Next week I’ll show you a seed operation that goes just a little beyond windowsill gardening.  Have a great week!

Task Agenda for mid to end of March


There are dig holes all over the rhodo forest from the squirrel who has been harvesting his fall walnuts from our tree.

Once I find a fair day to get out and do cleanup outdoors, I will be cutting back any of the winterkill, dead slimy gunk from hostas, all the wayward, millions of billions of willow leaves (dear god I would never plant one of these giants!). I also trim my buddleias back to 1/3 of their original size. Monarda, I will divide every 2nd year. This is my first spring here, having planted these last fall, I won’t be doing that this year. Keep an eye on your monarda. It’s a wild thing, but it doesn’t do well containerized for me. In my last home, I kept it potted up in a 1-2 gallon pot. The poor thing languished and got itself sick with powdery mildew. I sprung it free and it thrived. But be careful. It needs to be a controlled thrive. I won’t discount the chance of re-containerizing it again.

I have some rugosa roses that I will look over for winterkill and, since this one is somewhat left to its own devices over the last year or so, I will be doing a little rejuvenation, pruning 1/3 of the weakest and oldest canes. Rugosas are tough! But I want it to look its best. I will also be trying the epsom salts trick to see if they benefit at all. I’ve never tried it. We took a walk to the very back of the property where the old river is (basically it’s a grassy bank where water has been flowing in winter and spring). It’s crawling with Rosa multiflora. Another one I will need to clear out to a controllable level. If you do any work with wreaths, you’ll know these are a GREAT asset, but they are invasive, and can’t help but reach for you. Keep those under control if you have them. You’ll know when you miss trimming one.

Once Spring rolls around, I will be doing some conifer cleanup, by slapping on some gloves and gently combing through my cedars to pull out all those dead brown pieces. Don’t do it bare handed! They really do look a lot better after some gentle combing and caressing. It’s these small, detailed things that might make a difference, you don’t need all that brown stuff calling out to garden visitors that your cedar’s “all dead and brown.” No it isn’t! It’s just those little broken pieces. Give it some love, too! Put on your music and start combing.

March is really just cleaning and tugging and wandering and observing. This is the first time I’ve seen this garden in march. I know I’ve got my work cut out for me this month with weeding and cleaning. I had a bit of a horror moment as I, for the very first time in my life, dug into the horrific mat that is GOUTWEED. I’ll be tackling that ASAP, and record my progress of what works and what won’t. Sometimes I look around this place and think I’ve got more than my own share of work cut out for me, but remind myself, I do it like any other large task. One bed at a time.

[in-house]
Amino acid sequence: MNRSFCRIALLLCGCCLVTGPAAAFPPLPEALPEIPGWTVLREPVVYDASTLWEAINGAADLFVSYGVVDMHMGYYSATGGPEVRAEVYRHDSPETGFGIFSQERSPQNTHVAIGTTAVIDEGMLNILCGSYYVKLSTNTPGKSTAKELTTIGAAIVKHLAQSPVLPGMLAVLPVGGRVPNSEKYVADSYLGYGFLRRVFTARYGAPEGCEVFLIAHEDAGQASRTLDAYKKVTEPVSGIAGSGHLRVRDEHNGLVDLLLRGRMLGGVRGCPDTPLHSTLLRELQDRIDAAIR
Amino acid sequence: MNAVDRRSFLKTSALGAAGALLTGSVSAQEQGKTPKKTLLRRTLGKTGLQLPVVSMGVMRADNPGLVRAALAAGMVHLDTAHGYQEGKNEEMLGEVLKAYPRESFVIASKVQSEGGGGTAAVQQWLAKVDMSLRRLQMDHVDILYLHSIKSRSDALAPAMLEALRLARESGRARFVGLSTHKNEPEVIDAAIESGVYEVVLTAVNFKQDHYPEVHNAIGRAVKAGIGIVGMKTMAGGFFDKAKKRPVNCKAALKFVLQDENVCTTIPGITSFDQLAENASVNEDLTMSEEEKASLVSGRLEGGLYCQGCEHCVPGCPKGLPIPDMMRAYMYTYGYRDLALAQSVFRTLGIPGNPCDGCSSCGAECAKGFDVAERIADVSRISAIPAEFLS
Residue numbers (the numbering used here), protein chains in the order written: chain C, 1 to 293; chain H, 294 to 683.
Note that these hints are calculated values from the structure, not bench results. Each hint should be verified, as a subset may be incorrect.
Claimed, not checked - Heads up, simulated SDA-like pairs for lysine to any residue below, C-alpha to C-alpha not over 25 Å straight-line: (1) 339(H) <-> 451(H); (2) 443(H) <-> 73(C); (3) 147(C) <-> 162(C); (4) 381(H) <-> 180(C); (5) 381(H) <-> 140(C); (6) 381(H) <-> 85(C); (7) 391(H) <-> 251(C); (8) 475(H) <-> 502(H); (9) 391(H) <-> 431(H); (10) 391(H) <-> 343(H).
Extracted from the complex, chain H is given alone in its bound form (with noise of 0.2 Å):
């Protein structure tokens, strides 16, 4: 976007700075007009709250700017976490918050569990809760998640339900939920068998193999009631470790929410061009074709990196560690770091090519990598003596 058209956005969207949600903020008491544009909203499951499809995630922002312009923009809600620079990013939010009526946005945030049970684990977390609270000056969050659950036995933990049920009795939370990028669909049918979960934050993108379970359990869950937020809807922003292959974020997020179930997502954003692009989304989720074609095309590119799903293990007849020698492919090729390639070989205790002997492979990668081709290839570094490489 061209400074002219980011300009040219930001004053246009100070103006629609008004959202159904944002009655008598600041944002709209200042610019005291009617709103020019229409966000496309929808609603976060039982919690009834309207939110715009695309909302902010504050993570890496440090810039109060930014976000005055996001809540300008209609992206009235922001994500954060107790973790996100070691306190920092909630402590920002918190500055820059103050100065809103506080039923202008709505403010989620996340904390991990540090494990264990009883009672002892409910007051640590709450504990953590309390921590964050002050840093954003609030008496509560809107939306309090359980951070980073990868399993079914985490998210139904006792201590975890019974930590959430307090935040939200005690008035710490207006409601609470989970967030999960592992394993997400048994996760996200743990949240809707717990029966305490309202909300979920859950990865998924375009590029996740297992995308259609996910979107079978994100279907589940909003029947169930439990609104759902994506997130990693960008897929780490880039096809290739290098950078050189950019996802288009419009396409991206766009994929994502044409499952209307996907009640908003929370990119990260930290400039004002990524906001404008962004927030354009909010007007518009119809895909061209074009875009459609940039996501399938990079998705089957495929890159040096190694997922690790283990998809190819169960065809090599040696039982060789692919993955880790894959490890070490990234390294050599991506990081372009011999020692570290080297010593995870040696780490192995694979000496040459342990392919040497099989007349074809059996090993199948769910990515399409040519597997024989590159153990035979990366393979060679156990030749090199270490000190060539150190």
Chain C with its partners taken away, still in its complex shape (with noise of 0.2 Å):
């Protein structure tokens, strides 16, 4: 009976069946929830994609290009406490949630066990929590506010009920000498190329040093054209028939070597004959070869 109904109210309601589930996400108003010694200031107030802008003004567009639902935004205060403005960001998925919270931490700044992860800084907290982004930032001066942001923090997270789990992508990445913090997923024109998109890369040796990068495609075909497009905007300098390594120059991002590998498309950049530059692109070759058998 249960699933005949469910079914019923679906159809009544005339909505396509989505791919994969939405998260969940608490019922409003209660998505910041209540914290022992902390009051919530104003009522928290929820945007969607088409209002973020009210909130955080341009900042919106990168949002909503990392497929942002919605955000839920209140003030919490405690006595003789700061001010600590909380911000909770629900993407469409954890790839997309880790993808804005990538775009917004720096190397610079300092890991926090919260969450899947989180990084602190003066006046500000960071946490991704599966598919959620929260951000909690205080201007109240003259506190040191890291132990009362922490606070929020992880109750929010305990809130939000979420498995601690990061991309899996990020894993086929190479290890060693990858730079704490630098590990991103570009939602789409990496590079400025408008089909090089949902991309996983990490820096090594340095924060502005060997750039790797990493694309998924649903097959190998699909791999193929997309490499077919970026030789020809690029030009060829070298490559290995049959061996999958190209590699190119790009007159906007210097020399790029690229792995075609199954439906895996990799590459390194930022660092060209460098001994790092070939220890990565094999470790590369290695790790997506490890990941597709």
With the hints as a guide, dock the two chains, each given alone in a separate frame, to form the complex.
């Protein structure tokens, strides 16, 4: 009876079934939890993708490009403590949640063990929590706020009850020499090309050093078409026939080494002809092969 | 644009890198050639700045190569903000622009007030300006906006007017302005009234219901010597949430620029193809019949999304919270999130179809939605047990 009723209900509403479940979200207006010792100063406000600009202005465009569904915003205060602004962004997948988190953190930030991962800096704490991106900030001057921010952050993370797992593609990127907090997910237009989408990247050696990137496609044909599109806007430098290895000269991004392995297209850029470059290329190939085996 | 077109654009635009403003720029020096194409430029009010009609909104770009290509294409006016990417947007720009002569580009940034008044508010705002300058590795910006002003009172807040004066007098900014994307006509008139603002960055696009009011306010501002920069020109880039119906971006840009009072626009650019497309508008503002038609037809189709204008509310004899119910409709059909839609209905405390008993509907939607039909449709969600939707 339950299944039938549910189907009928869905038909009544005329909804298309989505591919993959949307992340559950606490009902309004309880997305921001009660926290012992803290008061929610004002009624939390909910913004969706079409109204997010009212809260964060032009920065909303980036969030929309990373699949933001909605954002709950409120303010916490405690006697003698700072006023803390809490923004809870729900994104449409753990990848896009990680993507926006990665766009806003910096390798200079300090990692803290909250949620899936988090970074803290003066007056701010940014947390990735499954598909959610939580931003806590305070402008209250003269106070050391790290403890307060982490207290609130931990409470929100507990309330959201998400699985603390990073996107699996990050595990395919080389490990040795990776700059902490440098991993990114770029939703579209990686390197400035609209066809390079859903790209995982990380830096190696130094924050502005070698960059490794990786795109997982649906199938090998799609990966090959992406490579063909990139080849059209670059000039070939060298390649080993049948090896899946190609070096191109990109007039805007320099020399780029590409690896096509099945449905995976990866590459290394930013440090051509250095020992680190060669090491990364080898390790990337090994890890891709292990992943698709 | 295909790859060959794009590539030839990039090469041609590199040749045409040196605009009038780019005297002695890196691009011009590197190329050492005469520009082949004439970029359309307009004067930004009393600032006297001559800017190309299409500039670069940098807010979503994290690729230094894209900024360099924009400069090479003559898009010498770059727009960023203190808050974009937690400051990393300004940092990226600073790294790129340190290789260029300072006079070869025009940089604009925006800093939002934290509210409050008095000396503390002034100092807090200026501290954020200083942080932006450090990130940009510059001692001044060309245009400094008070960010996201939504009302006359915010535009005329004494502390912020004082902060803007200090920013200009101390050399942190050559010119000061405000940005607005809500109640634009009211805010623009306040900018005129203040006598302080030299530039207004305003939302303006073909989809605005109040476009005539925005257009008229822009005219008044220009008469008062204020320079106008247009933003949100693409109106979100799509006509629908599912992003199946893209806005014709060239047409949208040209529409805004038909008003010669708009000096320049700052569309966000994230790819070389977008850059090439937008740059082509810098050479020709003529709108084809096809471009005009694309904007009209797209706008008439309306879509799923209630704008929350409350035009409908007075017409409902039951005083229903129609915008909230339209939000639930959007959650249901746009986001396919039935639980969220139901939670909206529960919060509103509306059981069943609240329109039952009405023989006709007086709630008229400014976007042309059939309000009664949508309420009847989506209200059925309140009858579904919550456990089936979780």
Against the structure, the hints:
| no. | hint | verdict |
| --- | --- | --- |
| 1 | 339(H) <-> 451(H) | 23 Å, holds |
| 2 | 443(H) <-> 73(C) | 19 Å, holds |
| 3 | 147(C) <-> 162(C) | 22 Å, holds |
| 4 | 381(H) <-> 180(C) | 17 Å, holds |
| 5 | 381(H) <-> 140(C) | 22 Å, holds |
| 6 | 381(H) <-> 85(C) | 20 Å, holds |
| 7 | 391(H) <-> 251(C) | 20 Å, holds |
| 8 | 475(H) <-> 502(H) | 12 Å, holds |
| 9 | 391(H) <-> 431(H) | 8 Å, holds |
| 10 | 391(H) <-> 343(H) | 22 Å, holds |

For most people, a good general rule on what to do in march is walk your gardens, look things over for death and breaks. Clean the spent stalks, old flower heads that entertained your snow,  gucky leaves and pull a few weeds, if the soil is soft enough. It will be a good idea when you find double the weeds in may.

And below you will find a list of my seeding projects for mid-late march:

The Peppers are up! Growing ‘Carmen’ ‘Sweet Apple’ ‘Jalapeno’ and ‘Chesapeake’

March 15th –  I will also be doing my tomato seeding. I have a lot of tomato seeds that I’ve accumulated over the years. I also belong to a wonderful local garden club, and I will be sowing every last suffering seed,  and donating many of my seedlings to their annual plant sale. The rest? Oh ho! We will be making a gigantic batch of salsa, as I have never been able to find a commercial one that compares to this!

My cold frame is almost finished! It just needs soil. Once I get it filled with soil, I will be sowing directly into this garden for lettuce, carrots, spinach, and radishes.  In the mean time, I will be sowing others like Kale, broccoli and cauliflower inside so it will be a little more established once it gets planted.

On March 20th and shortly after, I am planning the following seedings: Alyssum, Pansy ‘Sizzle Frizzle’,  and hopefully in the cold frame, more vegetables: Turnips, Spinach, radishes.


Hopefully  the week is fair! We had another snowfall, but between saturday and today, it’s all just a memory.  Next week I’ll talk about all of my gardens and structures, get you a little excited about the things to come. Apologies in advance for the state of things… just little green noses poking out of the snow melt muck!

The Rhododendron Forest Dream


This has been a winter most fair. I knew I was signing a contract for winter misery when I moved here. I knew winter driving would be a nightmare, I knew I could become isolated. But it’s the now  march. With only a tiny memory of snow smeared in the darkest patches of the turning circle. Our property is otherwise completely snow-free. I believe we only had about 4-5 serious snow storms, only one of which I actually felt fear while driving. We came out lucky compared to last year. So it looks like I have a head start on my garden planning by a whole month!

This month is a major month for work, and with a lot of plans made over the winter, I’ve got a LOT of work to do! On one of my fairest days of February, I rolled up my sleeves and started throwing stumps around into a pattern that solidified the flow of a visitor’s promenade through the Rhododendron Forest. Yes, this was one of my earliest fantasies, back when I was still nail-biting and trying to sell my last house so we could sneak in and grab this one before it sold.